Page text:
Coordinated Actions

   Past Actions

10/28/17 Fairgrounds      Altar Show

10/20/17 UUCM               Inconvenient truth

09/21/17 UUCM               Mpower - Alexia retallack

09/09/17 Fairgrounds     Roamin’  Angels Car

07/25/17 Nevada City      Kid’s Climate camp

06/14/17 Peace Lutheran Green Car Show

05/18/17 UUCM               Wiseman energy future

04/29/17 Seamans         Future of Energy/march

04/23/17 Nevada City     March against geoeng

03/16/17 UUCM              What One person Can Do

02/16/17 UUCM              Indivisible presentation

01/19/17 UUCM               Strategic Plan approval

11/17/16   UUCM             Pipeline talk

09/22/16 UUCM             Election discussion

08/0216  County           Kids summer camp 

05/24/16  Empire Room Renew energyCounty 

05/01//16  Meth Ch         Bunje talk

04/23/16  Nev City         Geoengineering protest

04/20/16  Sierra College Earth day booth

04/19/16    UUCM          Buttermilk walk film

03/10/2016 Grange         Soil not oil

02/16/2016 UUCM         Stop fracking video

12/14/2015 Beale            Base demonstration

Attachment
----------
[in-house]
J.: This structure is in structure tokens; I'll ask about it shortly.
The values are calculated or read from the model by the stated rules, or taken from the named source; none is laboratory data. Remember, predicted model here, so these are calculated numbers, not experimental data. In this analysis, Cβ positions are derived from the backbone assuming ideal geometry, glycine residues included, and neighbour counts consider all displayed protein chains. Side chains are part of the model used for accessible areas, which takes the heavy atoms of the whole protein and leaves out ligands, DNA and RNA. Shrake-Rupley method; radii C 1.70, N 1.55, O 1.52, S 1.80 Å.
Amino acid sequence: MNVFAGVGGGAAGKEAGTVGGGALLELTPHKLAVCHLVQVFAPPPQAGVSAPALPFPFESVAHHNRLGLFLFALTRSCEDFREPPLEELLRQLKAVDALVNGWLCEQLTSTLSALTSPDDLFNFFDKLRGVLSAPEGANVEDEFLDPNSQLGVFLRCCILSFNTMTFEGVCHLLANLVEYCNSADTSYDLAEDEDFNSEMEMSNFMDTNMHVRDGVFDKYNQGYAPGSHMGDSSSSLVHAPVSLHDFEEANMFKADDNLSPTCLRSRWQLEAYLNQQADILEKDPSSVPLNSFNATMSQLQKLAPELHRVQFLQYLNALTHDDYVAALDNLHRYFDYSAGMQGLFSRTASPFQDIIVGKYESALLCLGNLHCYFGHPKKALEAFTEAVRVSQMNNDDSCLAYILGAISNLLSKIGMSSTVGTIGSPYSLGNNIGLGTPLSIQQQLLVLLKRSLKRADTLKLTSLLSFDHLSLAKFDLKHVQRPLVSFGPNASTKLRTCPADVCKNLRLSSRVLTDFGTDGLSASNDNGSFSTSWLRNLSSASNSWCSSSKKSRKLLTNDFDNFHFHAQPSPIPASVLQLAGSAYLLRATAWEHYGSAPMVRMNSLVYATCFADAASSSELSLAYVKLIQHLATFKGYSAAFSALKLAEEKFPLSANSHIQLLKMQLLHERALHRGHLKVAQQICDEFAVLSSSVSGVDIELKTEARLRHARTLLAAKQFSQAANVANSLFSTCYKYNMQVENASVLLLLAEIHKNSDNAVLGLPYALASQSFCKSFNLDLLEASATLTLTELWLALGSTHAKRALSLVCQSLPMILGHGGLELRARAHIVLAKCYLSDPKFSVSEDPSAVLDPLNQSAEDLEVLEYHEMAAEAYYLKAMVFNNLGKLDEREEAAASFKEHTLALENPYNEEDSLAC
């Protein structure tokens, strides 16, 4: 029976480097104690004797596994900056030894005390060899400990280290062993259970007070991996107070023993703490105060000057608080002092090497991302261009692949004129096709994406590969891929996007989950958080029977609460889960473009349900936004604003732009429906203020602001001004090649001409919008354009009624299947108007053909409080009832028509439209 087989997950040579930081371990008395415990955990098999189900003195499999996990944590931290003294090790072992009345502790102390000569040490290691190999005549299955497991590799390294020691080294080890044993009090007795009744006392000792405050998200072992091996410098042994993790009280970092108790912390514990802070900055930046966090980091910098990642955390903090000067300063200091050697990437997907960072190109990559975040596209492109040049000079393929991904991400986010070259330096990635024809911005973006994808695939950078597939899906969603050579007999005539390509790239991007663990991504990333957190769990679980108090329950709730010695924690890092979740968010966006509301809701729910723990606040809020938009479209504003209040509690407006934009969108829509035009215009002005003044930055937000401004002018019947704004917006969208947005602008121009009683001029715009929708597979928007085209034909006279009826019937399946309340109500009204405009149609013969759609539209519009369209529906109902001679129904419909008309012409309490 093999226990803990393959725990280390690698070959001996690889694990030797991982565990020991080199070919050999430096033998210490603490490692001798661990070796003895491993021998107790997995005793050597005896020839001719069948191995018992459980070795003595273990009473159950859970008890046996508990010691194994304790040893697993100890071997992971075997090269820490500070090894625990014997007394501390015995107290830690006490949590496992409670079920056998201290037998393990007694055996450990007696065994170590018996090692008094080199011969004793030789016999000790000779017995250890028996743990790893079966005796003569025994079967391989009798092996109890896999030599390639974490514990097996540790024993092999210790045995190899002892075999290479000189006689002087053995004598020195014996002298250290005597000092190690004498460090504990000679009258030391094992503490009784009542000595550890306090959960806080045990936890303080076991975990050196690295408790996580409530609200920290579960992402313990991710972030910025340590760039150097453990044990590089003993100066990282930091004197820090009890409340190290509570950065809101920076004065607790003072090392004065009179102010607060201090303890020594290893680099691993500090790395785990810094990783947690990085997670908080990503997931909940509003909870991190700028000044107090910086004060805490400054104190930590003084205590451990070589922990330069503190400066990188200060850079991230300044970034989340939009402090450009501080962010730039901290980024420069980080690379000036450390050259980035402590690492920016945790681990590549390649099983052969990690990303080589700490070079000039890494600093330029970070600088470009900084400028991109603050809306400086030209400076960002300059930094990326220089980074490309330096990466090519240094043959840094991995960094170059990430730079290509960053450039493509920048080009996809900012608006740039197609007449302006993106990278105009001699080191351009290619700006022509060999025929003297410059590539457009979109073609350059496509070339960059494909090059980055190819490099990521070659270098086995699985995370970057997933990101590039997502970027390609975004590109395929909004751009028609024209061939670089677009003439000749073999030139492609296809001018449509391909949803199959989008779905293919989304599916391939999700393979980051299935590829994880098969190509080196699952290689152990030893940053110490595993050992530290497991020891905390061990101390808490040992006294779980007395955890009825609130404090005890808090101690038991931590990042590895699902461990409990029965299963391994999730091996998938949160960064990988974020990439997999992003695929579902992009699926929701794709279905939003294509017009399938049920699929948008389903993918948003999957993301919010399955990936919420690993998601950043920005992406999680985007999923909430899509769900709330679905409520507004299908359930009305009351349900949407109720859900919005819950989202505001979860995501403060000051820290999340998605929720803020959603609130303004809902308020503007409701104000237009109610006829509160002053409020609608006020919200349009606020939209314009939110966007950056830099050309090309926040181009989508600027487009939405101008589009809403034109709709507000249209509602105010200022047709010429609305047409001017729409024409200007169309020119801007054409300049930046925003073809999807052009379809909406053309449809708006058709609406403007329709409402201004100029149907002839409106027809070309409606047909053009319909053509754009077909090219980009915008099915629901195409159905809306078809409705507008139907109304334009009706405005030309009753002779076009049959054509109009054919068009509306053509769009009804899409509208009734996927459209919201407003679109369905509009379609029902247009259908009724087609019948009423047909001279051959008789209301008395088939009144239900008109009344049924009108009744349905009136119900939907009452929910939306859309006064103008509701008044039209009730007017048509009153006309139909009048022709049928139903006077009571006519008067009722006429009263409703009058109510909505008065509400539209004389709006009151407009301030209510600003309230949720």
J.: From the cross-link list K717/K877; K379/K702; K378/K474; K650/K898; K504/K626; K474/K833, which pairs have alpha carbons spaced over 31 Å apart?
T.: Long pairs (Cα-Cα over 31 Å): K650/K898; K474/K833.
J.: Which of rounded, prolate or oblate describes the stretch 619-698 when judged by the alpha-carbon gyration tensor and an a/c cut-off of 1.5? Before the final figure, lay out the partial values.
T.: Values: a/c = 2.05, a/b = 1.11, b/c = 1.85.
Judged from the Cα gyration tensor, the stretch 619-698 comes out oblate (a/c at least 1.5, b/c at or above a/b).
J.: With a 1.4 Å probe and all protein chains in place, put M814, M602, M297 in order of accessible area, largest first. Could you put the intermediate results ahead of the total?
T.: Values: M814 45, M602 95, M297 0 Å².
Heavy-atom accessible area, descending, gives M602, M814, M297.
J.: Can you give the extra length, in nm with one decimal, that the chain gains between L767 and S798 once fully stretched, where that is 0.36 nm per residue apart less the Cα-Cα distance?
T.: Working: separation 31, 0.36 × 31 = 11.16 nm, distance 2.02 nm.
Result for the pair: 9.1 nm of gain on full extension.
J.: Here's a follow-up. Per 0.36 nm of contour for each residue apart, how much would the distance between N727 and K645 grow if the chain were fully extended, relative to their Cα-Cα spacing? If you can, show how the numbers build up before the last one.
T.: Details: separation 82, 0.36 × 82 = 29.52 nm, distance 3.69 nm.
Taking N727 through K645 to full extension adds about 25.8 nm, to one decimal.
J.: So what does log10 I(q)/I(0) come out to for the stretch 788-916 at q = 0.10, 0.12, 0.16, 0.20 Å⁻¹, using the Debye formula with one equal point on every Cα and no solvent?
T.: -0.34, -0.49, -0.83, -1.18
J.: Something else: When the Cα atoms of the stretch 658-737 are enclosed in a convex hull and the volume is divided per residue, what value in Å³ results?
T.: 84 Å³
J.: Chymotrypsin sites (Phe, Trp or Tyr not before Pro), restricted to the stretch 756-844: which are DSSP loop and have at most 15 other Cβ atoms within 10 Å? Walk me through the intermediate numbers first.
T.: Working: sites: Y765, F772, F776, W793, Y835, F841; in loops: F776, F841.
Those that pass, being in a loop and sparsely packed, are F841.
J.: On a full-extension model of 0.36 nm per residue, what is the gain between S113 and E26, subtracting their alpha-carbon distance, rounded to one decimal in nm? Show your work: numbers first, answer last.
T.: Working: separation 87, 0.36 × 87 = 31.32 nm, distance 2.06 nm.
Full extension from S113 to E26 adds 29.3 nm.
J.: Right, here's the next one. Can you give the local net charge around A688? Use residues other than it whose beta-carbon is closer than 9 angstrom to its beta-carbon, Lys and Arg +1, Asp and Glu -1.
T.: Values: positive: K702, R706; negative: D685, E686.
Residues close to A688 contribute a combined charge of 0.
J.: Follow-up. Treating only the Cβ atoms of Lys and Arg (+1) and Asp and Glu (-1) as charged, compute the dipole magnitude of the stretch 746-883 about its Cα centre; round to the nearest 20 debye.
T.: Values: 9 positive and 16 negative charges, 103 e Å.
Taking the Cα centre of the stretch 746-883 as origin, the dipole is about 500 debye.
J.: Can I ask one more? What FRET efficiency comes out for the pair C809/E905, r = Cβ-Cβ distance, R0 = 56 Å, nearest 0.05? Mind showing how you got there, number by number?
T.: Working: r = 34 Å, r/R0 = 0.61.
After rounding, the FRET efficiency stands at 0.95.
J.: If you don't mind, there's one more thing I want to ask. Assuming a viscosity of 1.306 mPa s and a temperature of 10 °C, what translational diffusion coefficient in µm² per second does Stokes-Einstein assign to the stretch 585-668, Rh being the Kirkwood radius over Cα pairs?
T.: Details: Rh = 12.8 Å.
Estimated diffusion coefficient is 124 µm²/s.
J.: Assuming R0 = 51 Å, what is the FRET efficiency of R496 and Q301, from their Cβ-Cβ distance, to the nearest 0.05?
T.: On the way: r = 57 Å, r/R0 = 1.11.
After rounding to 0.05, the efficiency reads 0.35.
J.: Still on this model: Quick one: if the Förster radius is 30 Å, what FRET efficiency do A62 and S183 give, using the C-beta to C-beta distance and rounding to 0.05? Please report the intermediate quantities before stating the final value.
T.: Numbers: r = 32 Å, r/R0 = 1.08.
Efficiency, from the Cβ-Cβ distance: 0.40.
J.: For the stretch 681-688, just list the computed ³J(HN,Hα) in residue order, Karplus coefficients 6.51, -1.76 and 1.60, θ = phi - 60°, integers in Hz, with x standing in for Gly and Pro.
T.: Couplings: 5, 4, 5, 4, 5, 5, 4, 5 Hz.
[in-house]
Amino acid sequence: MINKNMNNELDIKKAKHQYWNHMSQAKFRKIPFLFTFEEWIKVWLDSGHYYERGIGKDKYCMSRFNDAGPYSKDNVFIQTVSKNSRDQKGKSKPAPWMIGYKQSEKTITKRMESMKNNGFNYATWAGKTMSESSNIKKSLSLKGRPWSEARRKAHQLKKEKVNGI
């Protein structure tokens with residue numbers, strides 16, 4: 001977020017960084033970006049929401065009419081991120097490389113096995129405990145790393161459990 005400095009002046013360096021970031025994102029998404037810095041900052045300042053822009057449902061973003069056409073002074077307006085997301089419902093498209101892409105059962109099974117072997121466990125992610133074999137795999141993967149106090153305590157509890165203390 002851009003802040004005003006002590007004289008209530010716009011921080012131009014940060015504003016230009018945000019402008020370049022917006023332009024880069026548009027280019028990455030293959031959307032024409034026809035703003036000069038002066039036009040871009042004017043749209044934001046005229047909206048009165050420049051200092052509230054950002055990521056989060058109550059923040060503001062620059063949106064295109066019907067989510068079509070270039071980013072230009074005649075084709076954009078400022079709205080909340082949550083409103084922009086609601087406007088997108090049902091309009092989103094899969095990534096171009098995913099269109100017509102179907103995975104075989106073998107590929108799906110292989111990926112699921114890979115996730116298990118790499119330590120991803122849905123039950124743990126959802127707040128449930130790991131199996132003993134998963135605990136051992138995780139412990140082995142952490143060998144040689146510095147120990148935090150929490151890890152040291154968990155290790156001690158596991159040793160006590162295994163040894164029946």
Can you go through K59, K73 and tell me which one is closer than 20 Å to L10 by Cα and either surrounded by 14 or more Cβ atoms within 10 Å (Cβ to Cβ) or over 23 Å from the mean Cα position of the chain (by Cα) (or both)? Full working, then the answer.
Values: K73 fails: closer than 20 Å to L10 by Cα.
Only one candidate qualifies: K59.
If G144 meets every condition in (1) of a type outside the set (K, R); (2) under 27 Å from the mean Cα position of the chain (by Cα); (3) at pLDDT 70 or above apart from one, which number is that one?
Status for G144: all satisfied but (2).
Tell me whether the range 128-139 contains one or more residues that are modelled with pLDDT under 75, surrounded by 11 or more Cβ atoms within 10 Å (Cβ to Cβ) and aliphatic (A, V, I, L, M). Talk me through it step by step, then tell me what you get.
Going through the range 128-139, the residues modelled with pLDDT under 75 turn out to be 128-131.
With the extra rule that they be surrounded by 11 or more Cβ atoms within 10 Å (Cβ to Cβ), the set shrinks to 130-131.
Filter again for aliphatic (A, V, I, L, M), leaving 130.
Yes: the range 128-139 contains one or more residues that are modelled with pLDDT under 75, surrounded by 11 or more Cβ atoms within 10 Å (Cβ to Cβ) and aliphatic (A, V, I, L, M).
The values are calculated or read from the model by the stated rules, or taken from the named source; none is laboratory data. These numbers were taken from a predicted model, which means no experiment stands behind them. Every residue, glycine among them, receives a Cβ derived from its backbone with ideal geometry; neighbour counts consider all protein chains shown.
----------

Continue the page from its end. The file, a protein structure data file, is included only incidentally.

12/01/2015 Metho Ch      Prayer vigils 

11/30/2015 Brunswick    Paris talks rally

11/05/2015 Metho Ch     Encyclical workshops

10/20/2015 Nev City      This Changes Everything

10/14/2015 Worldwide   People’s Climate Action

10/06/2015 UUCM         Power Through Paris

09/28/2015 San Fran      Flood Wall  Street West

09/20/2015 Nev City      Broad Street demo

08/20/2015 Nev City      Letter-writing

08/09/2015 Nev City      Merchants of Doubt mov

05/25/2015 Gold Run      Oil train watch

05/19/2015 UUCM          Ground water resentation

04/26/2015 Metho ch      This Changes Everything

04/21/2015 UUCM           Climate change and birds

04/20/2015 SierrColl GV  Earth day booth

03/17/2015 UUCM           Fire and Water -CCL

02/17/2015 UUCM           NID on water

02/07/2015 Oakland        Ban on fracking march

01/20/2015 UUCM           First come/Thirst served

11/02/2014 Casc Shores  Healing of the Earth

09/22/2014 Worldwide    People’s Climate March

09/16/2014 UUCM          Divestment

07/22/2014 Nevada City Climate summer camp

06/15/2014 UUCM          Wisdom to Survive

04/26/2014 Wash DC     Cowboy/Indian Keystone

04/22/2014 SierColl GV  Earth day booth

03/02/2014 Wash DC     Keystone XL protests

02/1/2014   Nevada City Power and Light rising

01/14/2014 - present       Monthly meetings

10/29/2013 UUCM          Organizing event NCCAN

09/27/2013 UUCM          Do the Math movie

09/21/2013 Bridgeport    Draw the Line Keystone